I came across this picture:

enter image description here

Were products sold at different prices to different genders and races during a International Women's Day Equity Bake Sale?

  • 9
    If true if looks basically like pricing cookies for different groups according to average income for those groups, as a gimmick to raise awareness of income disparities.
    – PhillS
    Mar 7, 2017 at 20:50
  • 13
    It's a gimmick to get attention and raise money for a cause. It's not an attempt to solve a problem. (Sort of like how pouring a bucket of ice and water over your head doesn't directly help anyone with ALS.)
    – ff524
    Mar 7, 2017 at 21:11
  • 1
    I find this question overly general, the answer to "has X every happened anywhere?" is almost always going to be yes. Mar 8, 2017 at 1:06
  • While this is a gimmick, does setting up a bake sale or anything like this fall under the jurisdiction of anti-discrimination laws? Mar 9, 2017 at 16:10

1 Answer 1


As the comments noted, this is a form of protest to raise awareness about income inequality.

I did not find the source of this specific flyer, but there are various reports about these types of events.

For example:

  • The Guardian about the backlash from a University of Queensland event in March 2016:

    The now infamous Gender Pay Gap Bake Sale was an afterthought, a supplementary event to the panel discussions, workshops and stalls to be held throughout feminist week on the University of Queensland campus. We have hosted bake sales before, we just wanted this one to have an educational catch: why not educate students about wage disparity while feeding them sugar?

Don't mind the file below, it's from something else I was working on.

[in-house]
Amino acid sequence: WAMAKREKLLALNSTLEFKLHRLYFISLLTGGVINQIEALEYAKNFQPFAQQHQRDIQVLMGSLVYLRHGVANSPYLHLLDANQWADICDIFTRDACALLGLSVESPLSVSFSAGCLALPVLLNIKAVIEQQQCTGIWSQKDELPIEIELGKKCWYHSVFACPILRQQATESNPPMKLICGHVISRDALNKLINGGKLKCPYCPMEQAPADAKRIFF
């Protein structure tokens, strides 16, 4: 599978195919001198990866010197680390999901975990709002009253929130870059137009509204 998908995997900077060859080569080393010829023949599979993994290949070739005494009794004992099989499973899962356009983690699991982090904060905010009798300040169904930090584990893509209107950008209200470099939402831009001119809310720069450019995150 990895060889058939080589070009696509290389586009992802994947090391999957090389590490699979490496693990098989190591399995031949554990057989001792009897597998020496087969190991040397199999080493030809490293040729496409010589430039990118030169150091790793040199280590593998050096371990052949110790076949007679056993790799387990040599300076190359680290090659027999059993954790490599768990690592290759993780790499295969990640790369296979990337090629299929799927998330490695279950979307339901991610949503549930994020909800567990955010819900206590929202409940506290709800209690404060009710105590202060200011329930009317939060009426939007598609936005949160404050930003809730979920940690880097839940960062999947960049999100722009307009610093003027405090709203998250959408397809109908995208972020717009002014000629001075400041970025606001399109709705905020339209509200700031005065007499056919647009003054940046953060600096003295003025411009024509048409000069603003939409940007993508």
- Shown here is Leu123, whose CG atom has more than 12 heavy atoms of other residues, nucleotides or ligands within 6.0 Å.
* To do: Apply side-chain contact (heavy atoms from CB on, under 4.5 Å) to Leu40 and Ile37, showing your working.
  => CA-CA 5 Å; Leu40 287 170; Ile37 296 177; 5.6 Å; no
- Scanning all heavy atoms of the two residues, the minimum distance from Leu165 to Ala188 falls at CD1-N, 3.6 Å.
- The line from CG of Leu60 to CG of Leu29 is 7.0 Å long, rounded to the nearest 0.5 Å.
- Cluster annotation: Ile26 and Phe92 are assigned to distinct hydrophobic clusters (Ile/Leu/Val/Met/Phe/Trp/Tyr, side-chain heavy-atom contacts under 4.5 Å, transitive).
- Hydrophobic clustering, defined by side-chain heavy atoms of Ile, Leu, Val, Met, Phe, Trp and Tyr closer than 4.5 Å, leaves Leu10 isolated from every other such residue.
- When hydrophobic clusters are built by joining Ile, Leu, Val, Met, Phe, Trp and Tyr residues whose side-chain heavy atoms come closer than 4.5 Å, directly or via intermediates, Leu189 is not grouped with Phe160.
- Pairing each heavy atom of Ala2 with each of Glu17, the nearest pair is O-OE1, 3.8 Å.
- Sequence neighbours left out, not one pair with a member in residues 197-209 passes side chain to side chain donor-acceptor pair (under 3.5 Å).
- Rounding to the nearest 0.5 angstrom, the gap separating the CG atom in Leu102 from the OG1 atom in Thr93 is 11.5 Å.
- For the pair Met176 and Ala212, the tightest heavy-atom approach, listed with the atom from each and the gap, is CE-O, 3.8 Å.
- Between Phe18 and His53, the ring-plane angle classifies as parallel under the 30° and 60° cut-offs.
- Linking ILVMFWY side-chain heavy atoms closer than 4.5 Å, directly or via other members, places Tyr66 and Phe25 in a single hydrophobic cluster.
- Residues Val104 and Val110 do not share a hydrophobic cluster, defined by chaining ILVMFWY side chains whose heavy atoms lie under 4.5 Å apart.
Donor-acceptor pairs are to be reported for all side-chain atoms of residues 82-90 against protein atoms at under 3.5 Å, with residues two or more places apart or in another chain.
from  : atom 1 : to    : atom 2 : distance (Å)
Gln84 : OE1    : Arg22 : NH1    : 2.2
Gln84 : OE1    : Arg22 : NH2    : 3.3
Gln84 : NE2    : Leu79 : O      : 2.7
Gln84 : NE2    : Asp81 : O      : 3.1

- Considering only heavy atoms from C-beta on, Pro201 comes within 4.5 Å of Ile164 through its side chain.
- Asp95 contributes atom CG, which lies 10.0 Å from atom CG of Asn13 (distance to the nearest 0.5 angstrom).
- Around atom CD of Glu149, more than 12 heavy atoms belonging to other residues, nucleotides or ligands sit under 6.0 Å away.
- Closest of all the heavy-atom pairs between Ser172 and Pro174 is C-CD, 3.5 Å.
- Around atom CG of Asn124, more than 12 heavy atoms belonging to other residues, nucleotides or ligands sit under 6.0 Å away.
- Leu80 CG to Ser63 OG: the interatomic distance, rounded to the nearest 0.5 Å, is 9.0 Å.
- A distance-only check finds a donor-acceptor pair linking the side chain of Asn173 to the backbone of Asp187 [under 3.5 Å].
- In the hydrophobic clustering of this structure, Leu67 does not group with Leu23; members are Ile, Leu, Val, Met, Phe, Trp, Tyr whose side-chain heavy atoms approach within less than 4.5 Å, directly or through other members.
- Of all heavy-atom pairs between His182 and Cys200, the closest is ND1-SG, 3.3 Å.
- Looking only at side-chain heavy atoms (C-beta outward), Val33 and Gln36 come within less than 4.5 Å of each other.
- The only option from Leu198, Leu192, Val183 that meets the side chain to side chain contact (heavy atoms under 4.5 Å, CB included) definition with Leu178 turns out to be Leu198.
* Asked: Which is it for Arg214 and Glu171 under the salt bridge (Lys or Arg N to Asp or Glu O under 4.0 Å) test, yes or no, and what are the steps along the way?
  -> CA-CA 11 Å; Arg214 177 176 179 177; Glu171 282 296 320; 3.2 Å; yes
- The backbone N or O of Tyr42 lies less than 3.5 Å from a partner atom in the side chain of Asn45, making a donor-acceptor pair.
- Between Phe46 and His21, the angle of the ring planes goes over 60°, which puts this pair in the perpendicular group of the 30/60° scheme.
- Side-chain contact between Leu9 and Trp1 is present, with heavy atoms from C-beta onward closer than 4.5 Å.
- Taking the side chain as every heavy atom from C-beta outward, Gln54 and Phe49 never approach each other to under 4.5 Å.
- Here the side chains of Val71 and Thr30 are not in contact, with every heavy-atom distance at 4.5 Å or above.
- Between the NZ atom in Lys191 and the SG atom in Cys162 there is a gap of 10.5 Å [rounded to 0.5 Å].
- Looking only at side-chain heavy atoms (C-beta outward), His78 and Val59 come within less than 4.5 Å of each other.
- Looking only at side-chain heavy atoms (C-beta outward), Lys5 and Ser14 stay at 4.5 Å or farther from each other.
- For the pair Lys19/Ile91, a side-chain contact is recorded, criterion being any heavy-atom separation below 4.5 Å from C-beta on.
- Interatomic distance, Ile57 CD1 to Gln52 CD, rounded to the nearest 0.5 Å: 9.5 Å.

The idea was that each baked good would only cost you the proportion of $1 that you earn comparative to men (or, if you identify as a man, all baked goods would cost you $1). For example, for a woman of colour in the legal profession, a baked good at the stall would only cost you 55 cents.

    Other university campuses and women’s collectives around the world have done it before – from campuses in the US charging more for white students than black students, to campuses in the UK only giving students the proportion of a cupcake they would earn in real life. This was not a new idea.

  • Huffington Post about a High School bake sale:

    The Young Democrats group at Jordan High School held a gender equality bake sale and charged their fellow students different prices. Boys had to pay $1 for the baked goods, while girls only had to pay 77 cents. This gap in prices reflects the earning power between men and women and the report from the U.S. Census Bureau that women earned 77 cents for every dollar men earned in 2012.

There are a similar set of examples of Affirmative action bake sales, which are hosted to protest an almost opposing issue - against affirmative action.

For example:

  • Daily Bruin reports on a 2003 event:

    The sale, held on Bruin Walk on Feb. 3, offered cookies at different prices depending on the customer’s race and gender. Black, Latina and American Indian females were charged 25 cents for cookies that cost males of minority descent 50 cents. White females were charged $1, and white males and all Asian Americans were charged $2.


    The intent of the sale, Jones said, was to “bring the issue (of affirmative action) down to everyday terms. We wanted to show how affirmative action is racial division, not racial reconciliation.”

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